Unraveling the Gluten-Free Trend

By Samuel Fromartz, "The Gluten Enigma," March/April 2015

The gluten-free trend keeps growing. But is it all just hype? Does gluten sensitivity really exist? Are more people being diagnosed with celiac disease? Is modern wheat the problem or could it be genetic engineering? Here we unravel the facts.

"very interesting article but most of the stuff on here are already known to us already eating gluten free. "

This story was produced in collaboration with the Food & Environment Reporting Network, a non-profit investigative journalism organization.

A few years ago, when I began writing a book about grains and bread, the first question I usually got when I mentioned the project was: “Why are so many people having problems with wheat?” In many ways, the question encapsulated the current anxiety around bread and wheat, which has gyrated from a source of sustenance for humanity into a toxic pariah.

Wheat—and the main protein it contains, gluten—has been cited as a cause of weight gain, “brain fog,” skin rashes, joint pain, headaches, tiredness, allergies, gas, intestinal distress, irritable bowel syndrome, depression and, in the case of celiac disease—where the immune system goes haywire and attacks the body—even death. Yet wheat, which is found not only in bread and pasta, but also in beer and numerous processed foods, makes up one-fifth of all food eaten worldwide and is the ­number-one source of protein in developing countries. Humans have been eating wheat for around 10,000 years, starting with domestication of wild grasses in the Near East, at the dawn of agriculture.

With all the illnesses and ailments associated with wheat and gluten, it leads one to wonder: Could the human race have been so wrong about this staple food for so long? Or are the health concerns a figment of over­active imagination, propelled by the gluten-free trend?

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Consumer data are pretty clear: around 22 percent of adults are trying to avoid gluten, creating an estimated $8.8 billion market that grew 63 percent between 2012 and 2014, according to market research firm Mintel. As many as 20 million Americans think gluten-free diets are healthier and around 13 million are giving up gluten to lose weight. Yet “the vast majority of individuals on gluten-free diets have no business being gluten-free, because, for them, there is no medical necessity,” says Alessio Fasano, M.D., director of the Center for Celiac Research and Treatment at the MassGeneral Hospital for Children and an authority on the subject. He adds, “it’s simply fashion.” Jimmy Kimmel even poked fun at this trend on late-night TV, asking people on the street who were going gluten-free if they actually knew what gluten was. None could answer the question. It’s a protein—actually composed of about 70 different glutenin and gliadin proteins which stretch and trap gas as dough rises, creating airy bread.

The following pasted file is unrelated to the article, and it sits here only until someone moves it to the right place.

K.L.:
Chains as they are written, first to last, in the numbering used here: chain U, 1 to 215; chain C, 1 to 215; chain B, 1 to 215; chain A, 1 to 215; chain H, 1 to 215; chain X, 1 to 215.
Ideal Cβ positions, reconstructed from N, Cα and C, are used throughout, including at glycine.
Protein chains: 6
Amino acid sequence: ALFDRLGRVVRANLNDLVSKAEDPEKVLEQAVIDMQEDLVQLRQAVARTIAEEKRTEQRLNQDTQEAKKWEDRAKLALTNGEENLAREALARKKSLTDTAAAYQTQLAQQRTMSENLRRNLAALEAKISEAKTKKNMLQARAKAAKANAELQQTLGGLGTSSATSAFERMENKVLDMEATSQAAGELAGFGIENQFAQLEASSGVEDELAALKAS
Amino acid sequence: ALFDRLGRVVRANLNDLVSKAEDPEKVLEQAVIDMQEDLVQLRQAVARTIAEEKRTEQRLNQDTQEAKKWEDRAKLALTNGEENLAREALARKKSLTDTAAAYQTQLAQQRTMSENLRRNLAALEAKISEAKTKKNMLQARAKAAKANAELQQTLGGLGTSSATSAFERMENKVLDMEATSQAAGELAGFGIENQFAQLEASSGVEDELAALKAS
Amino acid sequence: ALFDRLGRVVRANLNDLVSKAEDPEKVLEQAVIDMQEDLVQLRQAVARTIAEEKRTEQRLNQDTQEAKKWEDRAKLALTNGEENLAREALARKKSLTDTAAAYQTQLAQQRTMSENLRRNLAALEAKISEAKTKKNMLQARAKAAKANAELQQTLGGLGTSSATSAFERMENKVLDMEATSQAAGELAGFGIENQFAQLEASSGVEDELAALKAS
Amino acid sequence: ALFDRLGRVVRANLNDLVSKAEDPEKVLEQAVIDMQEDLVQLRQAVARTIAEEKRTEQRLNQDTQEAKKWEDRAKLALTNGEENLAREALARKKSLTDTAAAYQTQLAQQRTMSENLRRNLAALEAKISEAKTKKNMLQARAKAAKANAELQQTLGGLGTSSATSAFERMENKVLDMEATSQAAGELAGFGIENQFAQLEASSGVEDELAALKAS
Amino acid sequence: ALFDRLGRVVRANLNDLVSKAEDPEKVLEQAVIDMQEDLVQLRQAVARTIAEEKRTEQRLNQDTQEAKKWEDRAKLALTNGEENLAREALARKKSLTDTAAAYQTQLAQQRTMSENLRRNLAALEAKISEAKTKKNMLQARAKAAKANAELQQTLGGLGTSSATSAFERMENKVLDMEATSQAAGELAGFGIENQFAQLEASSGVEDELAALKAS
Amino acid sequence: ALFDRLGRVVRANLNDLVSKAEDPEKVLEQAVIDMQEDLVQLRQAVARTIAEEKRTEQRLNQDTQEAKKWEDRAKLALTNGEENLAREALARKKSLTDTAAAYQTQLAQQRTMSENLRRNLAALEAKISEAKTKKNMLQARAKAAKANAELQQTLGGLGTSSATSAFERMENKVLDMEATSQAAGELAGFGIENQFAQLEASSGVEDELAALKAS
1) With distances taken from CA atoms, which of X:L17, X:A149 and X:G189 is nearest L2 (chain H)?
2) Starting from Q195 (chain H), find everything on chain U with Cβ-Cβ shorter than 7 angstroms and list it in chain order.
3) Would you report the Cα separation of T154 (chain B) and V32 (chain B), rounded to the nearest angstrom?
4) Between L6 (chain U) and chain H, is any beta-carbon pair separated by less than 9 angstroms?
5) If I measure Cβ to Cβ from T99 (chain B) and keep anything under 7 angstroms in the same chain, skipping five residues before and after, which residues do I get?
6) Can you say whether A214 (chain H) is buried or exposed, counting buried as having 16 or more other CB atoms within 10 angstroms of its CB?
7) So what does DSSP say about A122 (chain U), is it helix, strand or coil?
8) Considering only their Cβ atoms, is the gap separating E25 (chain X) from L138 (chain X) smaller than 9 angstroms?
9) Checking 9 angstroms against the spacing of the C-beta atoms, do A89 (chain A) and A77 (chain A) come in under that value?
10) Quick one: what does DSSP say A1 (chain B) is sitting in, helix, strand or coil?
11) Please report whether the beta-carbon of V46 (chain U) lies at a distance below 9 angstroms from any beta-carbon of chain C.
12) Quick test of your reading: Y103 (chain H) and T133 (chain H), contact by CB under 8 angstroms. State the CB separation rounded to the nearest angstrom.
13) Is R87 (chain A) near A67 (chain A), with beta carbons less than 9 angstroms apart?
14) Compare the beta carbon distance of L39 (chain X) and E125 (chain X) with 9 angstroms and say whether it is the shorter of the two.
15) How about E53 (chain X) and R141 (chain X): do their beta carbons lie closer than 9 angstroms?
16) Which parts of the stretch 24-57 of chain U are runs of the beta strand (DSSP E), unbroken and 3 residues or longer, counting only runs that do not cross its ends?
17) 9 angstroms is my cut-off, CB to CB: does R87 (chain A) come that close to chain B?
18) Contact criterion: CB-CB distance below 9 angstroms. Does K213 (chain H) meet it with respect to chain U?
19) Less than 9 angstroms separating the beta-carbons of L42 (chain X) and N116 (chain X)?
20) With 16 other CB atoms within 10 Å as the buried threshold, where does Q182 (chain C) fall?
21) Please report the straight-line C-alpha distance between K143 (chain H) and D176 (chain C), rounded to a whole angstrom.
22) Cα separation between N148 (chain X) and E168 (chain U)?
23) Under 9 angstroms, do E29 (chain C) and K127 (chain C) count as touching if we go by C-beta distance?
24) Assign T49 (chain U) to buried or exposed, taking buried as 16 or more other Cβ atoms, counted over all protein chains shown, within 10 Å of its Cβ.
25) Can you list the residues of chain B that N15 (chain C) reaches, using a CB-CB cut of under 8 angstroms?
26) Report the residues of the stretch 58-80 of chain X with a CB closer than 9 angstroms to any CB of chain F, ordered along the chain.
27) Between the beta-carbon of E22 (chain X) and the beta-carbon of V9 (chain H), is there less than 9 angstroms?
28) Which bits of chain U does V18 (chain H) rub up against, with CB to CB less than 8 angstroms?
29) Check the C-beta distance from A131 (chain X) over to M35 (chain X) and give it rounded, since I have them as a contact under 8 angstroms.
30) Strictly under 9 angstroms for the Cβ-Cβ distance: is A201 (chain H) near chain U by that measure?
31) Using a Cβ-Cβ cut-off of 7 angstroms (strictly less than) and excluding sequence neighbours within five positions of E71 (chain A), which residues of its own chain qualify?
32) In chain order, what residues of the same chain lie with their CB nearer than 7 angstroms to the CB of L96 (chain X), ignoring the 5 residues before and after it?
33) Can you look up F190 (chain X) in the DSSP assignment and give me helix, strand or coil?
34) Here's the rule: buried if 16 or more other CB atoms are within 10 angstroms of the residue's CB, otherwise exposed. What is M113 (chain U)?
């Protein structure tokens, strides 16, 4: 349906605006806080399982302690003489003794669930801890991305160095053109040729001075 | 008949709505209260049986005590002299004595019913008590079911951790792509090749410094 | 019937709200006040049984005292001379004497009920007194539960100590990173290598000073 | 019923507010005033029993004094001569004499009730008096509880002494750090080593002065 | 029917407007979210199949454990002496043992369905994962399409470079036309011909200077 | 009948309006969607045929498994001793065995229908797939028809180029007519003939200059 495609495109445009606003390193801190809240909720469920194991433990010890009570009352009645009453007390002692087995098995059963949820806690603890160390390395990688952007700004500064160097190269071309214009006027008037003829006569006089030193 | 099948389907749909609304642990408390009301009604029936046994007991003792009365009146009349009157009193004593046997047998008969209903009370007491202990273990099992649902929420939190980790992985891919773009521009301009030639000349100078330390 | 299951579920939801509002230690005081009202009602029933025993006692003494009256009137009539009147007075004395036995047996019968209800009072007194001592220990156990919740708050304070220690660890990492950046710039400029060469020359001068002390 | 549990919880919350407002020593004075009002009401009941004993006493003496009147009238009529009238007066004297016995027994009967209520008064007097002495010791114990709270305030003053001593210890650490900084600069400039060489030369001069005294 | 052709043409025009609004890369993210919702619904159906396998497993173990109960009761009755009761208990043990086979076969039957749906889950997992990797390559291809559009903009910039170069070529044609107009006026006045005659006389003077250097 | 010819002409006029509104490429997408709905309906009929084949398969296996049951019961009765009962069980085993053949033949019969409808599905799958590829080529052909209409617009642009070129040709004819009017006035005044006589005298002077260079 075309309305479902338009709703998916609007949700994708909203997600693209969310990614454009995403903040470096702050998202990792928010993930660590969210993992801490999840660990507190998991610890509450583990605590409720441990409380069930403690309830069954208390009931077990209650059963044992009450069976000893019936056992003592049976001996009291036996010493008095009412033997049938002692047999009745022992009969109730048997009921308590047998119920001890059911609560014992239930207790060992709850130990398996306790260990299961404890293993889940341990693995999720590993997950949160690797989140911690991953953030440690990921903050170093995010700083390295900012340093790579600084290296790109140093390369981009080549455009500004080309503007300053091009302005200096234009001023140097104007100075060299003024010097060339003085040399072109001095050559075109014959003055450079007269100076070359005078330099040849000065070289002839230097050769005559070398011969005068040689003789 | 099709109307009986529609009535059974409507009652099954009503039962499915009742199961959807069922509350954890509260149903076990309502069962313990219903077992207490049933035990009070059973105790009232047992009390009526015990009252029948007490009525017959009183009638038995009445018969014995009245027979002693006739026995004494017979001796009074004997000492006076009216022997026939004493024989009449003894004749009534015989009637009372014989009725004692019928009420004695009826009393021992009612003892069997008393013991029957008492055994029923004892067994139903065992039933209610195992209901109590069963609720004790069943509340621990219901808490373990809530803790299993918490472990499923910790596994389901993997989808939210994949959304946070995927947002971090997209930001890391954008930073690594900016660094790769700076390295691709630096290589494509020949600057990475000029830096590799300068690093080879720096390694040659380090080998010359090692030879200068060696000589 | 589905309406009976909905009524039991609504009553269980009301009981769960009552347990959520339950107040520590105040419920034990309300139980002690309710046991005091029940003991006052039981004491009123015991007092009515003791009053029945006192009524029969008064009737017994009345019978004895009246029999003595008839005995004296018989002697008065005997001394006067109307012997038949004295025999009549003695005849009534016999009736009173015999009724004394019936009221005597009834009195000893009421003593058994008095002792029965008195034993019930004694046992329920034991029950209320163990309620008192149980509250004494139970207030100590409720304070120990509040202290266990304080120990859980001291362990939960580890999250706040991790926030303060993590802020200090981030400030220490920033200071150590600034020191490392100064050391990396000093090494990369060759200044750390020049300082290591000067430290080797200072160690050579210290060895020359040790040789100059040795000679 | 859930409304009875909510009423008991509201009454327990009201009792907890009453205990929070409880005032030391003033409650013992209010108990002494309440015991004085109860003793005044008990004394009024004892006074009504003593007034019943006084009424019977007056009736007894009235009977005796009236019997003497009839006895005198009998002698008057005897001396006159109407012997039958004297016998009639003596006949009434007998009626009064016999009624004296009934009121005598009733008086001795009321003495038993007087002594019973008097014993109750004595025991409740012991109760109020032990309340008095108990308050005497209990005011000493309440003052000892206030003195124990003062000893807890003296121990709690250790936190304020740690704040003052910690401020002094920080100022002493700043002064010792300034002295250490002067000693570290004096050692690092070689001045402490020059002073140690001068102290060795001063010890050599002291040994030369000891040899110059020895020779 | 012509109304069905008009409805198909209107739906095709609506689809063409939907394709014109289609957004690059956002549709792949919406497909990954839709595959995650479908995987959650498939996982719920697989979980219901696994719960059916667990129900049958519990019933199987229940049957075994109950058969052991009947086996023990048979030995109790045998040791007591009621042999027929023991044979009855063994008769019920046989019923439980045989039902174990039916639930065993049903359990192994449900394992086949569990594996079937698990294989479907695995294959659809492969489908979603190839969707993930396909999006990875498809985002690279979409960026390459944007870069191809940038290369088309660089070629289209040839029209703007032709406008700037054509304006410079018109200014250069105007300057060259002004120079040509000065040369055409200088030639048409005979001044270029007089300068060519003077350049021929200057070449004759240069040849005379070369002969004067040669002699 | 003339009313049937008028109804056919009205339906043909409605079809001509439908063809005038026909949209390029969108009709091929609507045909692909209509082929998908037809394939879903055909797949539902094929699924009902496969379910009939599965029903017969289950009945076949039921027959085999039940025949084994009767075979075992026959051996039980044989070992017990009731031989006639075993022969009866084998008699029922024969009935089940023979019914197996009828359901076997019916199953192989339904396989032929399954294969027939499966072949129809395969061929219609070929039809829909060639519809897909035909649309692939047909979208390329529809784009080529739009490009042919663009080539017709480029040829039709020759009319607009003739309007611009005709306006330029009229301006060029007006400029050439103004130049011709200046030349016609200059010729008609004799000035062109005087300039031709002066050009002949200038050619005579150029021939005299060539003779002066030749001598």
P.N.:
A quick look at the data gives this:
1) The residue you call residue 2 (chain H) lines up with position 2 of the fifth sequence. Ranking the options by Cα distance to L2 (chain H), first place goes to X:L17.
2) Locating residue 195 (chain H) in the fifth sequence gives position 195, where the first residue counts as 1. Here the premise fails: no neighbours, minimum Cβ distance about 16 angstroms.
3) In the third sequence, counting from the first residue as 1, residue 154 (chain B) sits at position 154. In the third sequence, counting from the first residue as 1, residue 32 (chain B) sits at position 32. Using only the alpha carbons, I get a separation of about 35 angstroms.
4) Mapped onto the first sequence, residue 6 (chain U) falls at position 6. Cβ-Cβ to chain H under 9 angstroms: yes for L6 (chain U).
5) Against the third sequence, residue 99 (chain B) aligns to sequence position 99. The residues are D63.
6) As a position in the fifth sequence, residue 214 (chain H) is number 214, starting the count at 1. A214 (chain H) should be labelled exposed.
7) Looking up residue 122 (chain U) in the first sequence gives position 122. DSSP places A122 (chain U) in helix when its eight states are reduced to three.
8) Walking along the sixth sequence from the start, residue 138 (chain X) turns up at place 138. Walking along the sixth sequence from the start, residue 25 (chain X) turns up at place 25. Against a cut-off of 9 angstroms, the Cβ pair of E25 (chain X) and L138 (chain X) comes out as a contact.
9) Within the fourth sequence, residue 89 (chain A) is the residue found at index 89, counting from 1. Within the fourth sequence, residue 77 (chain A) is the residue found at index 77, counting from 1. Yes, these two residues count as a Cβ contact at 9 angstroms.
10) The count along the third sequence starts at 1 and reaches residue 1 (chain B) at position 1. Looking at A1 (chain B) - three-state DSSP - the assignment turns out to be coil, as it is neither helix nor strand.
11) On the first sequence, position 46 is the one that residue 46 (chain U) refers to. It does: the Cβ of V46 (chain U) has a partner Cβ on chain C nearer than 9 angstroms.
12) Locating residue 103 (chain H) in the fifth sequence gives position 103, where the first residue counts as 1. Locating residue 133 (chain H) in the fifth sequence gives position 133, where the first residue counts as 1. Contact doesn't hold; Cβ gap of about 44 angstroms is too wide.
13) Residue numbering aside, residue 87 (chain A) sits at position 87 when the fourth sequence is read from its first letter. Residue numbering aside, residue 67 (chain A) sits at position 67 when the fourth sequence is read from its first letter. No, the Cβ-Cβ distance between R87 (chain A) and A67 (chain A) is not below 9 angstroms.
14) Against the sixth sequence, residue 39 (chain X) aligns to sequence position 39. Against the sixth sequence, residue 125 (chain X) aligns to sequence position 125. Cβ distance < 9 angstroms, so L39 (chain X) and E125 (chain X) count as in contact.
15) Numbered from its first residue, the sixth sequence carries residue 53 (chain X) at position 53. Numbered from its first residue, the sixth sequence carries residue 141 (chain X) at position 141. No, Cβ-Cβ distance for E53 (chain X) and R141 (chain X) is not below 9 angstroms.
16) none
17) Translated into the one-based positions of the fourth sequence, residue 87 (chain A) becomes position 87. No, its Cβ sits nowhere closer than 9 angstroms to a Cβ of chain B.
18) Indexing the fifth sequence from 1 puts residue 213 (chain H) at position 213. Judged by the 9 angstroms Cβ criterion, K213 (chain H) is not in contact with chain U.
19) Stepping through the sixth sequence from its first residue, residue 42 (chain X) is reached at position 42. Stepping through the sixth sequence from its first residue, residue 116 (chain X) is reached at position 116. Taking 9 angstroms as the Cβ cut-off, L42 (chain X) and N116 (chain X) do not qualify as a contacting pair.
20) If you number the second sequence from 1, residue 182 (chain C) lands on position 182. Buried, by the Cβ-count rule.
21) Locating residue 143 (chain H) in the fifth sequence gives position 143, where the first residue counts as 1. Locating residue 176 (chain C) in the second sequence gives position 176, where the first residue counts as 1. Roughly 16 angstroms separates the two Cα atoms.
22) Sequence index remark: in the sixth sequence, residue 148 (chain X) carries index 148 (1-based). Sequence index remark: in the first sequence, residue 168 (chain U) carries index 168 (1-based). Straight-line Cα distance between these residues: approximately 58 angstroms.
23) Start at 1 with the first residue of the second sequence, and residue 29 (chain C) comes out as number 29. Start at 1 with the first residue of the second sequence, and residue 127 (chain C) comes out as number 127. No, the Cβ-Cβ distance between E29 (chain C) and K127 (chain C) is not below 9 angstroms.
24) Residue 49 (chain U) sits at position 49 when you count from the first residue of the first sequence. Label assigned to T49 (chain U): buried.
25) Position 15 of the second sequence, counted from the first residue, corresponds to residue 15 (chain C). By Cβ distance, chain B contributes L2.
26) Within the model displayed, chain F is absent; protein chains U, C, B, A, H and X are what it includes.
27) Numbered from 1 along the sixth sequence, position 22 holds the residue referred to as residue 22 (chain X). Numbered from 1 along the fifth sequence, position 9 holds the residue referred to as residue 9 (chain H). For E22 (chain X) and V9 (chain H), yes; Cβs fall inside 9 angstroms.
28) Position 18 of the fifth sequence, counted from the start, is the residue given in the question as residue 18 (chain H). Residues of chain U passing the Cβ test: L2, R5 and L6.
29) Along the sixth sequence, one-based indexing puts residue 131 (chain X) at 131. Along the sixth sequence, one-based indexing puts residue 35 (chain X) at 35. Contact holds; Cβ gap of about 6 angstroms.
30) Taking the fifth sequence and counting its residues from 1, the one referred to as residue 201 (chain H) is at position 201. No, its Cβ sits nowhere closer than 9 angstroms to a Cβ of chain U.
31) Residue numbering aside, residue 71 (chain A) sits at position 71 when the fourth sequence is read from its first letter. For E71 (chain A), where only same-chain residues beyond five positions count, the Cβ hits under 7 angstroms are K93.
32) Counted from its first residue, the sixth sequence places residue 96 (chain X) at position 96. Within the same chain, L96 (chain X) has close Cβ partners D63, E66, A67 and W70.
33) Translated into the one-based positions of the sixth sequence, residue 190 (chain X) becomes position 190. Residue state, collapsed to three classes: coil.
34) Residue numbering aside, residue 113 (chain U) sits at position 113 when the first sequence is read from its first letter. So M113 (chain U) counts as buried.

Compared with this lifestyle boom, the number of people who must avoid gluten for medical reasons is considerably smaller. An estimated 1 percent of all people have celiac disease, though only a small portion have actually been diagnosed and know they must steer clear of gluten. Another smaller group, about 0.4 percent of the population, suffer from sudden allergic reactions to ingesting wheat or breathing flour dust. Then there’s a third group of “gluten-sensitive” people, who appear to have symptoms when they consume gluten that can’t be explained by celiac disease or wheat allergy. Like celiac disease, the symptoms of gluten sensitivity are diverse and not confined to the gut. They include joint pain, muscle cramps, leg numbness, reflux, weight loss, chronic fatigue, depression and “brain fog”—a complaint that describes an inability to focus, and which can impair work and social life. The first and still imprecise studies on gluten sensitivity estimate that 0.6 to 6 percent of people suffer from it. This rudimentary understanding of the condition may help explain why so many people think they are gluten sensitive.

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